Given that machine learning in the health domain can have a direct impact on people’s lives, broad claims emerging from this kind of research should not be embraced without serious vetting.
One key question to ask is: Whose information is in the data and what do these data reflect?
Common forms of electronic health data, such as billing claims and clinical records, contain information only on individuals who have encounters with the health care system. But many individuals who are sick don’t — or can’t — see a doctor or other health care provider and so are invisible in these databases. This may be true for individuals with lower incomes.
As a ProPublica report demonstrated, black and Native American patients are drastically underrepresented in cancer clinical trials. This is important to underscore given that randomized trials are frequently highlighted as superior in discussions about machine learning work that leverages nonrandomized electronic health data.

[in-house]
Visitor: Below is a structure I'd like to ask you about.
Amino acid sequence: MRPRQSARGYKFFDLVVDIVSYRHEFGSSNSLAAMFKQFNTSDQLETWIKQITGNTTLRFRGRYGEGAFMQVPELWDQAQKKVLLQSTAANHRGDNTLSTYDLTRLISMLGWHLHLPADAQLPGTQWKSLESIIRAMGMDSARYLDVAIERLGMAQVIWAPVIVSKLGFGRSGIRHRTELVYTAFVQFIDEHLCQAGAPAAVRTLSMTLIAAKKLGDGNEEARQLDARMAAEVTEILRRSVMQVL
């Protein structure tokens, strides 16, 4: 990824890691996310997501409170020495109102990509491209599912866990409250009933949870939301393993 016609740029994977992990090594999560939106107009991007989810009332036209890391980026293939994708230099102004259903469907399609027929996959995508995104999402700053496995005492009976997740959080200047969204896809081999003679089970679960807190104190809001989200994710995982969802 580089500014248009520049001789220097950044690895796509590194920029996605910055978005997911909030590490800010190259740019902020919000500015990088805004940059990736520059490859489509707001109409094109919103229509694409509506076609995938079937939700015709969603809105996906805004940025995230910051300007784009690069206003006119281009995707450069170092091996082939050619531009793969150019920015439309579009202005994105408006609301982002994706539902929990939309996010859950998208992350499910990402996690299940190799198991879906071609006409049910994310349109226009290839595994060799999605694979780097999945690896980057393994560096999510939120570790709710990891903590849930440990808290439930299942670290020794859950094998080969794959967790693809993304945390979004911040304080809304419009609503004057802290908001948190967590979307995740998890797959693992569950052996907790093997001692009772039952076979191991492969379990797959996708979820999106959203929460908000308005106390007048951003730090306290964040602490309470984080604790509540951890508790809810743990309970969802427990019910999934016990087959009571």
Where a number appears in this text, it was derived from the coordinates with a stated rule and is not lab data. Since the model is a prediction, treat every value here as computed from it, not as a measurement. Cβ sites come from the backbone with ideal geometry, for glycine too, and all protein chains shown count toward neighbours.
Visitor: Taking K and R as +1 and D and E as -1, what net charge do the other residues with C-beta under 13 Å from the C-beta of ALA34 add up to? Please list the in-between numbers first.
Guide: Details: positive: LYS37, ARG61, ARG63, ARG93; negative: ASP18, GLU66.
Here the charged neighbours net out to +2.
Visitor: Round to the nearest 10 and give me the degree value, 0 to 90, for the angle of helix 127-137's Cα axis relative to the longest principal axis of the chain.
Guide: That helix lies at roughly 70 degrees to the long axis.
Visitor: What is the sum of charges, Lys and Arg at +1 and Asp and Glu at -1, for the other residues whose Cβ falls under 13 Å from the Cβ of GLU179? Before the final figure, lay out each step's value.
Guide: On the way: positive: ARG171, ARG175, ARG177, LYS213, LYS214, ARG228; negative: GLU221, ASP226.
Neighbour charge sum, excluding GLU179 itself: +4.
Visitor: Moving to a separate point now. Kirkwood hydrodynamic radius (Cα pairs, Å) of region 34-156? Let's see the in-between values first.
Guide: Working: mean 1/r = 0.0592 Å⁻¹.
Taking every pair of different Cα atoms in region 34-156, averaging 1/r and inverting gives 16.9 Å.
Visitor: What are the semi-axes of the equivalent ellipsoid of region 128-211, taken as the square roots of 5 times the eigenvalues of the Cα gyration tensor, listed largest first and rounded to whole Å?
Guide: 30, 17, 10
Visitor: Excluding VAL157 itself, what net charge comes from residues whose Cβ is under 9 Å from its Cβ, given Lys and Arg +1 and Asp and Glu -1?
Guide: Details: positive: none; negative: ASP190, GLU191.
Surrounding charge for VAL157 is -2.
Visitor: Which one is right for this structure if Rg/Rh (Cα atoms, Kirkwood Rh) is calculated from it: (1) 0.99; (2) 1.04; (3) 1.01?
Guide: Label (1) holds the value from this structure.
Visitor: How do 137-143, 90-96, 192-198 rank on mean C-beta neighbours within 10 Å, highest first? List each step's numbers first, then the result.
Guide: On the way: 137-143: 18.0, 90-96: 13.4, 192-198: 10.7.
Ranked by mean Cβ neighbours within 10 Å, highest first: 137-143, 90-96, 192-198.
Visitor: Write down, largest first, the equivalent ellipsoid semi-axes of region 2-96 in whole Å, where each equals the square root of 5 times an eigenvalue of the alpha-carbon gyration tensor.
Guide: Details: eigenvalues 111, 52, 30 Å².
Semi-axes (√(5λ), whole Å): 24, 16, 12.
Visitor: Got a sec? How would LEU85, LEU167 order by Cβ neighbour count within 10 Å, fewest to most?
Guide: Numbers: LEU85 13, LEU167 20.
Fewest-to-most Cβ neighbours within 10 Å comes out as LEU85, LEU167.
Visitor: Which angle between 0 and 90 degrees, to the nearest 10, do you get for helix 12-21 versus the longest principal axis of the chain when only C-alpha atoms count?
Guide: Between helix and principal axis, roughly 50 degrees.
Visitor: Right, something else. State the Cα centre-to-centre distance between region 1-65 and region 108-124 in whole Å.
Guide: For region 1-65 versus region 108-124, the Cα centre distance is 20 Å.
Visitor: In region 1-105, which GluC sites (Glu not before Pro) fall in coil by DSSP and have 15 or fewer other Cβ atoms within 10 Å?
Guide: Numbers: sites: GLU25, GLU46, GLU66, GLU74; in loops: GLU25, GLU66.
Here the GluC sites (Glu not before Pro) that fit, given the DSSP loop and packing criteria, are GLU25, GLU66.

In interpreting results from machine learning research, it’s important to be aware that the patients in a study often do not depict the population we wish to make conclusions about and that the information collected is far from complete.
Read full, original post: Machine learning for clinical decision-making: pay attention to what you don’t see